The principal self SID field and optional arguments field are dynamic data that affect the applicability of the dynamic ACEs. As mentioned, the present invention caches access decision information and assigns an authorization handle to the information. The authorization handle structure contains the following information, cached for use with subsequent redundant access checks: a reference to the client context associated with the caller's request, a security descriptor and the static maximum allowed access. The security descriptor is the structure containing the DACL. The static maximum allowed access is the set of permissions reflecting the maximum allowed access that will always be granted to this caller by this DACL, regardless of the outcome of dynamic elements of the access check. This set reflects permissions from the following types of ACEs: (1) Static Grant and Deny ACEs that apply to the caller (i.e., the SID in the ACE matches a SID in the client context) and (2) dynamic deny ACEs with potential applicability to the caller. Dynamic deny ACEs with potential applicability to the caller include (a) principal self deny ACEs and (b) callback deny ACEs with SIDs that match the caller.
 It should be noted that an attempt is not made to determine the applicability of the dynamic deny ACEs to the caller, since the applicability could change on subsequent access checks. With the present invention, for the purposes of determining static maximum allowed access, a pessimistic outcome is assumed so permissions denied in these ACEs are withheld from static maximum allowed access.
 In one embodiment of the invention, the authorization handle is created at the caller's request in the access check routine and is returned from the access check routine in an authorization handle parameter.
 A cached access check routine performs an access check for the caller and DACL associated with the input authorization handle. A typical flow of the cached access check routine is illustrated in FIG. 3. At 300, a determination is made as to whether the permissions in the desired access field are all included in the static maximum allowed access cached in the associated authorization handle. If so, then at 310, access is granted and the algorithm is complete. Otherwise, at 320, a determination is made as to whether there are any dynamic ACEs in the DACL. If there are none, then at 330 access is denied and the algorithm completes. Otherwise, at 340, a determination is made as to whether the DACL contains deny ACEs of any kind (static or dynamic). If there are no deny ACEs, then only the dynamic grant ACEs are evaluated at 350. At 360, if the permissions granted by the dynamic grant ACEs (at 350) and the static maximum allowed access together include all permissions in the desired access field, then access is granted at 310 and the algorithm is complete. Otherwise, access is denied at 390 and the algorithm is complete.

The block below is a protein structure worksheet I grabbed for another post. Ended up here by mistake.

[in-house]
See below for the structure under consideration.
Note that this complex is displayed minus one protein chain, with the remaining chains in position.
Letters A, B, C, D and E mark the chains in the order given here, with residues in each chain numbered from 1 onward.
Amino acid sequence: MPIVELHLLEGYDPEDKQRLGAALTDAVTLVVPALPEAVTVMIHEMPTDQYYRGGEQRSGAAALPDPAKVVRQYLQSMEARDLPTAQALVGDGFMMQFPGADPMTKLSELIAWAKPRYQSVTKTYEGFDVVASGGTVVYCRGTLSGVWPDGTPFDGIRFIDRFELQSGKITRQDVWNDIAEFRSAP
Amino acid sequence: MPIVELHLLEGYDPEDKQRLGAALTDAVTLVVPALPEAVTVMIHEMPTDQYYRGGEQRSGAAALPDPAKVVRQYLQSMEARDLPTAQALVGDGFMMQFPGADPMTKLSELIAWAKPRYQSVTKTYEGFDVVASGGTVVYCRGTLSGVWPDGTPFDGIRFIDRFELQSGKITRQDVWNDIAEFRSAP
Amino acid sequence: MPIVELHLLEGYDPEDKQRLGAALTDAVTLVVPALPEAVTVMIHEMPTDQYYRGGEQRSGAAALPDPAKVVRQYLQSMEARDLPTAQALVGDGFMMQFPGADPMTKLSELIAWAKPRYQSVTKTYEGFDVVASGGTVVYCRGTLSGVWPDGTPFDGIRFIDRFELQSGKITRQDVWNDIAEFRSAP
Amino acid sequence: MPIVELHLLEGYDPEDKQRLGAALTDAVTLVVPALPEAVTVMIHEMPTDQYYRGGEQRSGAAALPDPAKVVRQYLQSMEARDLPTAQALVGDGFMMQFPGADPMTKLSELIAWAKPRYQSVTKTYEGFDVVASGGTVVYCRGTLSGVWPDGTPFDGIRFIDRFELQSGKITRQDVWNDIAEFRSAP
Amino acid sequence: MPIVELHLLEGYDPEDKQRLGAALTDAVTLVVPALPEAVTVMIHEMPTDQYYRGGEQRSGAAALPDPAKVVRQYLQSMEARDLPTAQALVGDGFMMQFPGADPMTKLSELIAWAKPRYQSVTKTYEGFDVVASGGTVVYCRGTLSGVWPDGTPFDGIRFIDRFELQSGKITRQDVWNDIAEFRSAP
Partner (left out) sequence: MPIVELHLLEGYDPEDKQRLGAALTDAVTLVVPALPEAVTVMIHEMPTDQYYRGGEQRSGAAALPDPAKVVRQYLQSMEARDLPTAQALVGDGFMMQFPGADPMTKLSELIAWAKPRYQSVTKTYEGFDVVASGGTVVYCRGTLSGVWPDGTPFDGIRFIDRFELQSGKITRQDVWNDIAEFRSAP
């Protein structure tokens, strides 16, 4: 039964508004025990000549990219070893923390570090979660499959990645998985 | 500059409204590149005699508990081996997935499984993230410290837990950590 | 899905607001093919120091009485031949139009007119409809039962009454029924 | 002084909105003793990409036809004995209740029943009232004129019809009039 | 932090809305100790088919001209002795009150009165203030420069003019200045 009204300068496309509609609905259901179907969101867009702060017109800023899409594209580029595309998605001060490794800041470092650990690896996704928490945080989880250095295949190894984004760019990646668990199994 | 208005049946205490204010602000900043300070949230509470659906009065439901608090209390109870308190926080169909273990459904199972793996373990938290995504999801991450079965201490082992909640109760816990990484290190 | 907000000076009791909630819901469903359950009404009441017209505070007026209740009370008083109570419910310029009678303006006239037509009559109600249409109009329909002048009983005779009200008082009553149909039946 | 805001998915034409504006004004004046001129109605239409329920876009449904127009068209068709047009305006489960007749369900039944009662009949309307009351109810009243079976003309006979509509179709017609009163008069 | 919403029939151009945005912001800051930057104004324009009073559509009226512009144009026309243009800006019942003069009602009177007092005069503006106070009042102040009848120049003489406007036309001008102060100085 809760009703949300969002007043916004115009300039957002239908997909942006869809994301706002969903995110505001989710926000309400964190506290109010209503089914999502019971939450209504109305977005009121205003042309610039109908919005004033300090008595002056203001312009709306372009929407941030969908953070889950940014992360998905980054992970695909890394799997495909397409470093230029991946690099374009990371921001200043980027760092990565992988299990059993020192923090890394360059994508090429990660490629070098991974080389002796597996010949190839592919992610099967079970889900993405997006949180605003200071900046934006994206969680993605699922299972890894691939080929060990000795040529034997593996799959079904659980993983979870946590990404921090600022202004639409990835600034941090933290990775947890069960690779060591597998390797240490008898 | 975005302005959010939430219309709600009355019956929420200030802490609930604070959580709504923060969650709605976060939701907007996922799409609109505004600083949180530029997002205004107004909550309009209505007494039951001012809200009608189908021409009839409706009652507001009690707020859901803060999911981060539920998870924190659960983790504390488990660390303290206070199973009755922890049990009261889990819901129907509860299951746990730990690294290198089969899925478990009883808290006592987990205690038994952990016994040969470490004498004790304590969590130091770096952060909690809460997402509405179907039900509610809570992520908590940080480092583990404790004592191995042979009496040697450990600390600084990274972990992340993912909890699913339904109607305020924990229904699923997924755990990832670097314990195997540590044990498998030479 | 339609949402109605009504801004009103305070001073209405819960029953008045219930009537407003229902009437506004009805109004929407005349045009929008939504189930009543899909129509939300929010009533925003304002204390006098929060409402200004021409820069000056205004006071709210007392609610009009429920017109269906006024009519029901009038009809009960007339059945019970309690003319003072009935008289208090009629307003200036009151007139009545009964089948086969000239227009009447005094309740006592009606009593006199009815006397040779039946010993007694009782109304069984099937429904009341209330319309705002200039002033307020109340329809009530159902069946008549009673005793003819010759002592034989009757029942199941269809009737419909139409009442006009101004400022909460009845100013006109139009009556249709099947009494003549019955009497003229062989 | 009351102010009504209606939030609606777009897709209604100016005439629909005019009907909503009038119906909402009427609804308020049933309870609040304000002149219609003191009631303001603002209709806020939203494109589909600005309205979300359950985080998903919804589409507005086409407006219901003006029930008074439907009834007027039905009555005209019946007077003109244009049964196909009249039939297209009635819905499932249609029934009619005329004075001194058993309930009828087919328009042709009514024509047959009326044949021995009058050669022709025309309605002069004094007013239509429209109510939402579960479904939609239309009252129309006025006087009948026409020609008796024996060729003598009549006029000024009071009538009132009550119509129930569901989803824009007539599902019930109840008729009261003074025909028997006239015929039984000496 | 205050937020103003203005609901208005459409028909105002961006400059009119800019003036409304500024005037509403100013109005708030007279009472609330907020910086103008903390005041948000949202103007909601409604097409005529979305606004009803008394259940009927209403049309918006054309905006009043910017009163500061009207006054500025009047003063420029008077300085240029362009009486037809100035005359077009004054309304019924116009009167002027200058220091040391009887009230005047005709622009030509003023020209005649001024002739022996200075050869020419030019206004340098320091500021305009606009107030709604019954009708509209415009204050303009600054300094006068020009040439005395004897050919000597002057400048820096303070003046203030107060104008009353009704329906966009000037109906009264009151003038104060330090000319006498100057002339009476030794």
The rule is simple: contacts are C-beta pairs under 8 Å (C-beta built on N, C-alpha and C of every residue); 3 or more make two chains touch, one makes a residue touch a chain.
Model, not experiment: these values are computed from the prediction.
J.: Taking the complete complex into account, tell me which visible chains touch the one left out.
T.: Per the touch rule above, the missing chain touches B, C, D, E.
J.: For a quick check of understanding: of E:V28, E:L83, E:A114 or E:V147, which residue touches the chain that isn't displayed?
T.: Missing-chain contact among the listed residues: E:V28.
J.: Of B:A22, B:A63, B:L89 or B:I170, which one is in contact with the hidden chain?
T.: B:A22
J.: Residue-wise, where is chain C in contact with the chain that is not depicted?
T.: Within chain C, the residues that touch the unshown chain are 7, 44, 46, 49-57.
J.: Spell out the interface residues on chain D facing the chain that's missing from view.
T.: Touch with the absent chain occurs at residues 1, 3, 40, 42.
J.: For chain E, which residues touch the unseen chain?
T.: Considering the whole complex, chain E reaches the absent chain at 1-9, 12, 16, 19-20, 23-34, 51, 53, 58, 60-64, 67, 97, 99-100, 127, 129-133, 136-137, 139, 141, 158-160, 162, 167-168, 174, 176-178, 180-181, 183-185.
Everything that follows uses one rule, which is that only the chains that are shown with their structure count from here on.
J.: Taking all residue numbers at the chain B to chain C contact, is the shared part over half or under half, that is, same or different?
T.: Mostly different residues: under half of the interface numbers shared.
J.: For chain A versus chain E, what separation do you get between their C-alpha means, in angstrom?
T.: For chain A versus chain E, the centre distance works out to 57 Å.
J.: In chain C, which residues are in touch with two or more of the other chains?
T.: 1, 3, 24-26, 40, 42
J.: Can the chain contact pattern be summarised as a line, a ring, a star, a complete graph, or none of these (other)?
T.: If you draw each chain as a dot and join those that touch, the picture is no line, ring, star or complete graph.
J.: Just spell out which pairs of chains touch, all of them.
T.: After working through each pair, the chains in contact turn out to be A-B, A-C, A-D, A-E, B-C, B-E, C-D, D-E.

If, however, the determination of 340 yields that there is at least one deny ACE (either static or dynamic), then it is determined that there is at least one deny ACE and at least one dynamic ACE since there must be at least one dynamic ACE to reach 340. In these circumstances, according to this implementation, then a full DACL evaluation, ignoring the cached SMAA, is performed at 370 to determine if access is granted. It is necessary to reevaluate the DACL in its entirety because the outcome of the access check depends on the order of the deny ACEs and the dynamic ACEs with respect to the remaining static ACEs used to generate the SMAA. At 380, if the permissions granted as a result of the full DACL evaluation (at 370) contain all the permissions in the desired access field, then access is granted at 310. Otherwise, access is denied at 330.
 Since generally it may be determined with reasonable certainty whether a DACL contains sufficient static policy information, and whether typical access determinations involve this static policy, to warrant use of the cached access check routine, this algorithm will rarely reach 370. Even if a full DACL evaluation is performed at 370, the savings gained for other determinations that do not reach 370 will generally outweigh the inefficiency of extra steps implicated in connection with executing 370. In any event, for most access checks that are repeated, substantial efficiency gains and performance improvements are achieved, even in the presence of some dynamic authorization policy, which is unsuitable for optimization by caching, by the present invention.
FIG. 4 illustrates an exemplary authorization framework in accordance with an exemplary system that can perform dynamic access checks, and has functionality of the static maximum allowed access of the present invention implemented therein. The exemplary authorization framework architecture includes three main components: (1) a resource manager 410, (2) the client context 420 and (3) an authorization handle 430.
 A resource manager is a generic object that manages and controls resources in a computer system. The resource manager 410 stores references to application-defined callback functions, and creates a client context 420 for each incoming client to the application 400 i.e., the resource manager 410 represents clients trying to access resource(s). The resource manager may choose to establish an authorization handle 430 upon the first access check for a given pair of client context and security descriptor 432. The resource manager stores references to application-defined dynamic callback functions, including a compute dynamic groups mechanism 414 and a dynamic access check callback mechanism 416.